Recurrent Convolutional Structures for Audio Spoof and Video Deepfake Detection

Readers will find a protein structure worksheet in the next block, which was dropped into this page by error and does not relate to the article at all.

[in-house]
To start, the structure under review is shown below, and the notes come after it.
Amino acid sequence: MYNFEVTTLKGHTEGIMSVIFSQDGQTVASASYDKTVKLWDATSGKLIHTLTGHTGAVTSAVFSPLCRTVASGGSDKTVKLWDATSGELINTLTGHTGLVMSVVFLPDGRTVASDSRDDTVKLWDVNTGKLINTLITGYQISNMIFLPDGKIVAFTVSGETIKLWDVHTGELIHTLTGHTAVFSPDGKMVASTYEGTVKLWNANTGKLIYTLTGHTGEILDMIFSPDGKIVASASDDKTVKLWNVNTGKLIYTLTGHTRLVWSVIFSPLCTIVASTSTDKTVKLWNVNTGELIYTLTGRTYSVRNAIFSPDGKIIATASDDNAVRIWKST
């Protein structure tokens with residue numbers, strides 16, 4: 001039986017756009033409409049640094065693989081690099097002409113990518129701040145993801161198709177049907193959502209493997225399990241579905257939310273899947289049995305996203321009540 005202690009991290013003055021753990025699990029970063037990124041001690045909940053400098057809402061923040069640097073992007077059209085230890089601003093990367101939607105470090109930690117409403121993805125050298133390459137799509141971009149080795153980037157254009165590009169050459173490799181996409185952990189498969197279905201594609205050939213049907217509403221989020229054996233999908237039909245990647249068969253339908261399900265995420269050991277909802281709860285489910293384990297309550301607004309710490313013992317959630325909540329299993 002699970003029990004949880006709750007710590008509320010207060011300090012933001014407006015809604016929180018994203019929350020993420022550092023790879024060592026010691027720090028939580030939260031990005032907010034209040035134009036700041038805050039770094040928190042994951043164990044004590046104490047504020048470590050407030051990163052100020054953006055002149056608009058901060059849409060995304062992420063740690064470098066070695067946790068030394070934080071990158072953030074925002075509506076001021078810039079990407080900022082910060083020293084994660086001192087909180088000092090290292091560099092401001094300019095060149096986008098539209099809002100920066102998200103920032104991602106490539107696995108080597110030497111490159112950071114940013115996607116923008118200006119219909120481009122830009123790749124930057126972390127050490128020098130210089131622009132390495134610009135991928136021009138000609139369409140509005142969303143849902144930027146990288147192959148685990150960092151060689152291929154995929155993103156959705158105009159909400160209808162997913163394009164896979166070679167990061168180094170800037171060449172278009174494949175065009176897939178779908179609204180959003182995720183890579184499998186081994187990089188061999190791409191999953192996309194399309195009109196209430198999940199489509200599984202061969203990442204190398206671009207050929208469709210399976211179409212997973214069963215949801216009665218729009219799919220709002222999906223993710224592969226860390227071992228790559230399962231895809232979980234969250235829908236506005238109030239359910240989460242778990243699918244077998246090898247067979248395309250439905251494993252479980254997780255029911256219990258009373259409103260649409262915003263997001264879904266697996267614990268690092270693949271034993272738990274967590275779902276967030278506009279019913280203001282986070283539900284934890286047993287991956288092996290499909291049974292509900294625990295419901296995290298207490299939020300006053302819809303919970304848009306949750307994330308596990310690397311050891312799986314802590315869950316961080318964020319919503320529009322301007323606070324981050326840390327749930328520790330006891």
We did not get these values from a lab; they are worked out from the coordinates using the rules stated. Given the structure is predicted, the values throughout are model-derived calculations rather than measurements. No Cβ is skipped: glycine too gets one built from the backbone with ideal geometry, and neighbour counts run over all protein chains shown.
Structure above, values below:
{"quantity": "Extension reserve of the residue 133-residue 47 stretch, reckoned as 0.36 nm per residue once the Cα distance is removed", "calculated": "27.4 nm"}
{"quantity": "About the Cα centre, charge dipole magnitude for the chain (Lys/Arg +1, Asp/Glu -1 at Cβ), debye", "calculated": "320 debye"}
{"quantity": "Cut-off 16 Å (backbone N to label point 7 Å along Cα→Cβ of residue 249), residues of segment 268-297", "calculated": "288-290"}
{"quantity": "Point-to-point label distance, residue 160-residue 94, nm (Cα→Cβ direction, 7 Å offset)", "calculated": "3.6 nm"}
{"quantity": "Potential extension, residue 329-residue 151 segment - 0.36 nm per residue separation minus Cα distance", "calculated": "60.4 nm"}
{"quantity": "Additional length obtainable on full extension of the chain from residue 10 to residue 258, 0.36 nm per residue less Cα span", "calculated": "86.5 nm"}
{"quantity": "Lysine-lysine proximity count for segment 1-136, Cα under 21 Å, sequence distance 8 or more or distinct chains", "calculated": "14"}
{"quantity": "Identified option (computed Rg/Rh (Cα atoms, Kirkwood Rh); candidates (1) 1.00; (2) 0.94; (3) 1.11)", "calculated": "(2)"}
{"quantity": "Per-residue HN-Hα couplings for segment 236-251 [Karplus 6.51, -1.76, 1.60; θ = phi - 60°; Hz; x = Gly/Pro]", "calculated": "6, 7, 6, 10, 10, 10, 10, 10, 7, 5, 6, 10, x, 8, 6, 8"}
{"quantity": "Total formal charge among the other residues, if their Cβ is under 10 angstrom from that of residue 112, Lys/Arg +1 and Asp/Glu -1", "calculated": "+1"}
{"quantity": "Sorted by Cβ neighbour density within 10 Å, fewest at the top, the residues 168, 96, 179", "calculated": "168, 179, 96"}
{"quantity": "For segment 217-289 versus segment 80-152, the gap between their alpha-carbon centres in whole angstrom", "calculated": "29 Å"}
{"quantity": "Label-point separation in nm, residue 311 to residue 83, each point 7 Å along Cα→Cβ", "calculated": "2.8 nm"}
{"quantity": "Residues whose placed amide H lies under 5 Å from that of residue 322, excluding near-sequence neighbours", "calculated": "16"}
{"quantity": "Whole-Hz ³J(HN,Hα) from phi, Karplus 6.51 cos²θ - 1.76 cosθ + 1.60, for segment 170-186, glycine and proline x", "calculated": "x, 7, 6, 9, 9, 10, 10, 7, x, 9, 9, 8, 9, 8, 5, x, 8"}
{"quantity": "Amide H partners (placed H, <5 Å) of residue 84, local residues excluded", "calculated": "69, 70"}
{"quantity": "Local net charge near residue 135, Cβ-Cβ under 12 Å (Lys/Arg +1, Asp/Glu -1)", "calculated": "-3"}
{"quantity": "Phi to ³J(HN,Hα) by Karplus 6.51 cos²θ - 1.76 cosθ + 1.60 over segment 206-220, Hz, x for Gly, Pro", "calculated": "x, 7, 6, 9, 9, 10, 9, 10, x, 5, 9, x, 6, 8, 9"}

Deepfakes, or artificially generated audiovisual renderings, can be used to defame a public figure or influence public opinion. With the recent discovery of generative adversarial networks, an attacker using a normal desktop computer fitted with an off-the-shelf graphics processing unit can make renditions realistic enough to easily fool a human observer. Detecting deepfakes is thus becoming important for reporters, social media platforms, and the general public. In this work, we introduce simple, yet surprisingly efficient digital forensic methods for audio spoof and visual deepfake detection. Our methods combine convolutional latent representations with bidirectional recurrent structures and entropy-based cost functions. The latent representations for both audio and video are carefully chosen to extract semantically rich information from the recordings. By feeding these into a recurrent framework, we can detect both spatial and temporal signatures of deepfake renditions. The entropy-based cost functions work well in isolation as well as in context with traditional cost functions. We demonstrate our methods on the FaceForensics++ and Celeb-DF video datasets and the ASVSpoof 2019 Logical Access audio datasets, achieving new benchmarks in all categories. We also perform extensive studies to demonstrate generalization to new domains and gain further insight into the effectiveness of the new architectures.


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